Passport, check, money, check, phone, check.. The holiday-is-nearly-over sadness is kicking in, and you’ve got to do the final checks to make sure you can still get home safe, just a quick look to check you’re not leaving your flipflops or your favourite bikini (but there might not be room for your newly acquired pool inflatable..) So, you can imagine my surprise when, just 45 minutes before our transfer back to the airport, we realise our little black wallet is missing, later to find out it got stolen. Little black wallet, I hear you say? Surely that can’t be a big deal? Oh but it can, it wasn’t just a ‘big deal’ it was a ‘we wont get home without it’ type of deal.
Let’s go back to the beginning of the story, while I was drinking prosecco by the pool, enjoying our last day of all-inclusive in our Zakyinthos hotel (that we managed to get for VERY cheap!) catching the last few sun rays before it was time to go get our bags ready to leave. We had been cleaver you see, having already packed our stuff, and what we had with us would simply go in our hand luggage that we had with us by the pool! Genius! So, me and my (now ex) partner, were completely unaware of the madness that was going to begin later that evening. We popped back to the luggage hold in the hotel, put our towels in our suitcase and went to wait with the rest of the people getting on our transfer. I was always a pretty anxious traveller, I really liked to make sure everything was in place and double and triple check we still had everything. So, I made my partner show me the little black wallet that had everything important in, he quickly reached into the hand luggage we had had with us by the pool all day and looked up at me, shocked. ‘It’s not in here’ he said, I knew he was teasing cause I always panicked about us getting home.
But he wasn’t joking. It wasn’t there.
I’m talking, passports, driving licenses, bank cards, EHICs, flight details & tickets, transfer tickets, and all the cash we had left over. We literally had NOTHING.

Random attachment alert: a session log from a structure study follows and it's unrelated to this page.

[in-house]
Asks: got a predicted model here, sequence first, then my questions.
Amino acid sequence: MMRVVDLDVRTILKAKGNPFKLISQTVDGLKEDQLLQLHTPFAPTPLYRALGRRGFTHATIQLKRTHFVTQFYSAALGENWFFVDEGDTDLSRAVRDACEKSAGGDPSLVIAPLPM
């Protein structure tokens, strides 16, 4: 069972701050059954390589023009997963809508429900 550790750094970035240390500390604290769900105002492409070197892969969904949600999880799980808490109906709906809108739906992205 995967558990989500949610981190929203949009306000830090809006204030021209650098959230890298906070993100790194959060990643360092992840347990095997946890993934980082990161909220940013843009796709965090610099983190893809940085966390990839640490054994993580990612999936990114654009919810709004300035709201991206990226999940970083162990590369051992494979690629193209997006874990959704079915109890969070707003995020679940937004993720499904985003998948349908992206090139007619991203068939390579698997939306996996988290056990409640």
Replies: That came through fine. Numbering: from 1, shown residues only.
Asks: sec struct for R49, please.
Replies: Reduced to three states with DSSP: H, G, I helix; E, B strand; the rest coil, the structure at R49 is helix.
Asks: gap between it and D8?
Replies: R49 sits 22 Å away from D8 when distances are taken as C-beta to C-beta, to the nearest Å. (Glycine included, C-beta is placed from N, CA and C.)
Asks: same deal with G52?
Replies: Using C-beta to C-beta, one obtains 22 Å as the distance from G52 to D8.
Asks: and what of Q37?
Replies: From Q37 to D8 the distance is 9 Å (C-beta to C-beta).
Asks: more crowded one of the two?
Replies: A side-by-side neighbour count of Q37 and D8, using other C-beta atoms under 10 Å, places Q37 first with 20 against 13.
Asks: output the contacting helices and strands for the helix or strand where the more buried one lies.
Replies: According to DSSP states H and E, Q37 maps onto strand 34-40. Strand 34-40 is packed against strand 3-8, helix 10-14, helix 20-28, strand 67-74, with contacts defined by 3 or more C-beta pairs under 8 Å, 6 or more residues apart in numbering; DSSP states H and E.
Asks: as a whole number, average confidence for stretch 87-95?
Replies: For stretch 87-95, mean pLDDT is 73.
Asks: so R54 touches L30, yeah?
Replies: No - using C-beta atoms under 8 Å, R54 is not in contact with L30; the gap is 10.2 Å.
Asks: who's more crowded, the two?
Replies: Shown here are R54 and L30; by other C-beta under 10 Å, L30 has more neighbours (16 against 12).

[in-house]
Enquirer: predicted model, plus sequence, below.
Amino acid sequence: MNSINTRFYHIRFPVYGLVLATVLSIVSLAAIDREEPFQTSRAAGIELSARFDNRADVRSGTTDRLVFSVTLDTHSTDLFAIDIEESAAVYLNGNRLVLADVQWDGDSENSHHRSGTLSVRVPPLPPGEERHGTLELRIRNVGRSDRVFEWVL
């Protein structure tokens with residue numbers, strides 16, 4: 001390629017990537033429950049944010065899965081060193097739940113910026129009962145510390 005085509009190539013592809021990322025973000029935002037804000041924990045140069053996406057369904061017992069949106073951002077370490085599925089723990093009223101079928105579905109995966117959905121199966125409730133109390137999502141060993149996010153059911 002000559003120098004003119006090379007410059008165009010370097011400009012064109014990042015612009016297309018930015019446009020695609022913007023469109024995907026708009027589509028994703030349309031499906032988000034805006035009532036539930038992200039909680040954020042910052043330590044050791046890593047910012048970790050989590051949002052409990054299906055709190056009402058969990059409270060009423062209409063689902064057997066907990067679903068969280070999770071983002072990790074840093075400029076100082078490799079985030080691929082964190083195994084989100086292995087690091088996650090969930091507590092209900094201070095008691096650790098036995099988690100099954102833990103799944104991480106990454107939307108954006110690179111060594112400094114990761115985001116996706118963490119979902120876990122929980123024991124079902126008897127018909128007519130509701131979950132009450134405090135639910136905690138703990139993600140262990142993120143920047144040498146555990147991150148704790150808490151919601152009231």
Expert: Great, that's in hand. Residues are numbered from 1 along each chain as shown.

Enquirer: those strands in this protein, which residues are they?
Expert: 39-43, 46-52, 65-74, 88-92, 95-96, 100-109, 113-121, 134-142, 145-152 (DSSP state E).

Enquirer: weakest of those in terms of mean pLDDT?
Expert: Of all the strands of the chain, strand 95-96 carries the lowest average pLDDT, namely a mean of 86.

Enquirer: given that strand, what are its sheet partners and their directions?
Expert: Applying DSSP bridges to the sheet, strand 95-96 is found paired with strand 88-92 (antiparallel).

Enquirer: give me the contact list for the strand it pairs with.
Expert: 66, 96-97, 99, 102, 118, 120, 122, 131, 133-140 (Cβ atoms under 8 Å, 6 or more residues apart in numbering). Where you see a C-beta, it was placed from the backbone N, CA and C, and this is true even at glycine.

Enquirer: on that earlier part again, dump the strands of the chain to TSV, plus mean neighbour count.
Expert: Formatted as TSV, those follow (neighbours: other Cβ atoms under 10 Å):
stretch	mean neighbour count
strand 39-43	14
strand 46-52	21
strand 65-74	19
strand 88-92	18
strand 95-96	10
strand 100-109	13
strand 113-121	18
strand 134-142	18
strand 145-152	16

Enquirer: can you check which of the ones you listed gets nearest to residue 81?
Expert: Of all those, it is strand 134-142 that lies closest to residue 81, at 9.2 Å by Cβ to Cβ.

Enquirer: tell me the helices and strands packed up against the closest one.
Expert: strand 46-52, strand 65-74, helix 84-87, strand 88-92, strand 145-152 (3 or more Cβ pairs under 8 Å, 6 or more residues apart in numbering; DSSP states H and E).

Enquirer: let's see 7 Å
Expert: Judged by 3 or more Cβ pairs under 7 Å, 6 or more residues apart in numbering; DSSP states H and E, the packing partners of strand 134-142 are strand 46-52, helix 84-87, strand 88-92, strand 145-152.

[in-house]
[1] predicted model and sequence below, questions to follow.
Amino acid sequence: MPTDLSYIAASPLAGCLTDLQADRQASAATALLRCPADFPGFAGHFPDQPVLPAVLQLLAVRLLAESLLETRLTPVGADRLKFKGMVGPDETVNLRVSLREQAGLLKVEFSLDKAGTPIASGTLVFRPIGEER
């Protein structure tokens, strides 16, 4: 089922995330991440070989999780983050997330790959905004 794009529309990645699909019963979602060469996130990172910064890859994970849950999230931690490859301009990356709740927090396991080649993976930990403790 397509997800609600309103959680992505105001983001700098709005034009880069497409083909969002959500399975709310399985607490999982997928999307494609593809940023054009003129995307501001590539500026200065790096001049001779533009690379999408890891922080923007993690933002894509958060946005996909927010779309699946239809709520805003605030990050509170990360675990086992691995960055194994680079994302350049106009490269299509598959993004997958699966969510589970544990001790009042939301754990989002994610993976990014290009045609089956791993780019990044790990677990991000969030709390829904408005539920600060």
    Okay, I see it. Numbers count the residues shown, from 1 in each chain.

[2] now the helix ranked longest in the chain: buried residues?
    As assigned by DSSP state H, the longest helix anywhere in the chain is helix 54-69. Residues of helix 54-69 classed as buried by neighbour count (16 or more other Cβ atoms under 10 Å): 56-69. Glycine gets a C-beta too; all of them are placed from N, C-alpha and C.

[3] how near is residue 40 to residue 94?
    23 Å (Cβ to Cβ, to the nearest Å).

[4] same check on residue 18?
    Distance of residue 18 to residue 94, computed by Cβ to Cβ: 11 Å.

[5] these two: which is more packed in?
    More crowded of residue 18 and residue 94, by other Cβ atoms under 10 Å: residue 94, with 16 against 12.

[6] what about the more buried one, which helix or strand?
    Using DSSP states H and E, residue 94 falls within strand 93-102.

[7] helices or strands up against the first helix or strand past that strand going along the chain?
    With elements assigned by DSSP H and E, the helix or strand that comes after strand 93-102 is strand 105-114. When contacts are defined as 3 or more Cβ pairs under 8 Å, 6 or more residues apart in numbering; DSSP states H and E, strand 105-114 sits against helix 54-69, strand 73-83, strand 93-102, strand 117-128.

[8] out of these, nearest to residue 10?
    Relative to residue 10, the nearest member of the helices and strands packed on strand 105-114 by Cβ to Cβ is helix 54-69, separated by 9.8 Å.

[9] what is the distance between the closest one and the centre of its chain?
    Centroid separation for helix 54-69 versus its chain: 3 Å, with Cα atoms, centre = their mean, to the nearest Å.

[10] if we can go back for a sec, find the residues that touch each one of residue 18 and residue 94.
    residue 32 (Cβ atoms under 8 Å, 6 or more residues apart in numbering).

I couldn’t care less about the clothes we had in the suitcases at this point, they didn’t matter at all. I shouted and swore, then swiftly apologised to all the people I had insulted – I don’t ever really lose my temper, but this was an exception. It was nowhere to be seen, (we later realised it had been stolen) by this point we had enrolled help from the staff who were on their hands and feet around the hotel, trying to help us find it. An hour, went by, we had missed our transfer by this point, then it reached the point where even if we got to the airport, it would be too late to board the flight. We had no money on us, no bank cards, nothing, all had been taken. We had to call home, and ask our parents to pay over the phone via credit card for a room to stay in for the night – they weren’t very impressed, especially when getting a room that night was almost as much as our 7 night stay! However, we worked out if we had the night we could spend it figuring out what to do.
The Next Day
The next day we were up and out super early, and asked the front desk to call us a taxi – we could get money out from a western union on the way from our parents (or so we thought) to pay for our taxi before we got dropped off. WE had figured out we needed to go to the police station first to file a stolen report for our insurance (we needed someway to repay the debt we had got ourselves into back home!) and our taxi driver finally dropped us off very abruptly after three failed western union visits – we couldn’t get money out as we had no ID (Duh!? Didn’t think of that one did we…). We finally got to the police station, but they were on their lunch break… obviously.
This whole thing was such a farce – once we had found out the police station was on their lunch, we hurried to the British Consulate. There was a lovely woman who we had spoken too on the phone earlier that morning who explained how everything would work to us. We needed a passport photo, the police report, a credit card and we had to book flights. All seemed fine – until she explained everything but the flights needed to be payed in cash. How. How were we supposed to do all this, wait two hours EACH for the emergency passports to be created AND THEN get to the only flight back to England that day (not even to an airport near us!) that was leaving in 6 hours. Basically we ran around Zakynthos centre like a couple of mad people, trying all the ways we possibly could to get cash, police statements, pictures and the lot.
Why Was Getting Everything Stolen The Best Thing That Could Of Happened To Me?
Finally though, we managed it. We landed home, and I thought, actually, that was the best thing that could of happened to me. Why? Because I was an extremely nervous traveller up until then, I was always worried about worst case scenarios and the stories from the news you would hear of people stranded. But, I’d done it, I’d got through one of the worst things that cant happen (besides injury), and I was okay! I was safe, I was well, and yes I owed a couple of hundred to my folks, but to me, it was worth it, to not feel anxiousness about travelling like that again. So here I am now, planning a round the world trip, for a whole YEAR! Not something I would ever think I would be doing, but it’s little mishaps & ‘Oops’ moments like these that help us to shape who we are, and I wouldn’t of changed it for the world.
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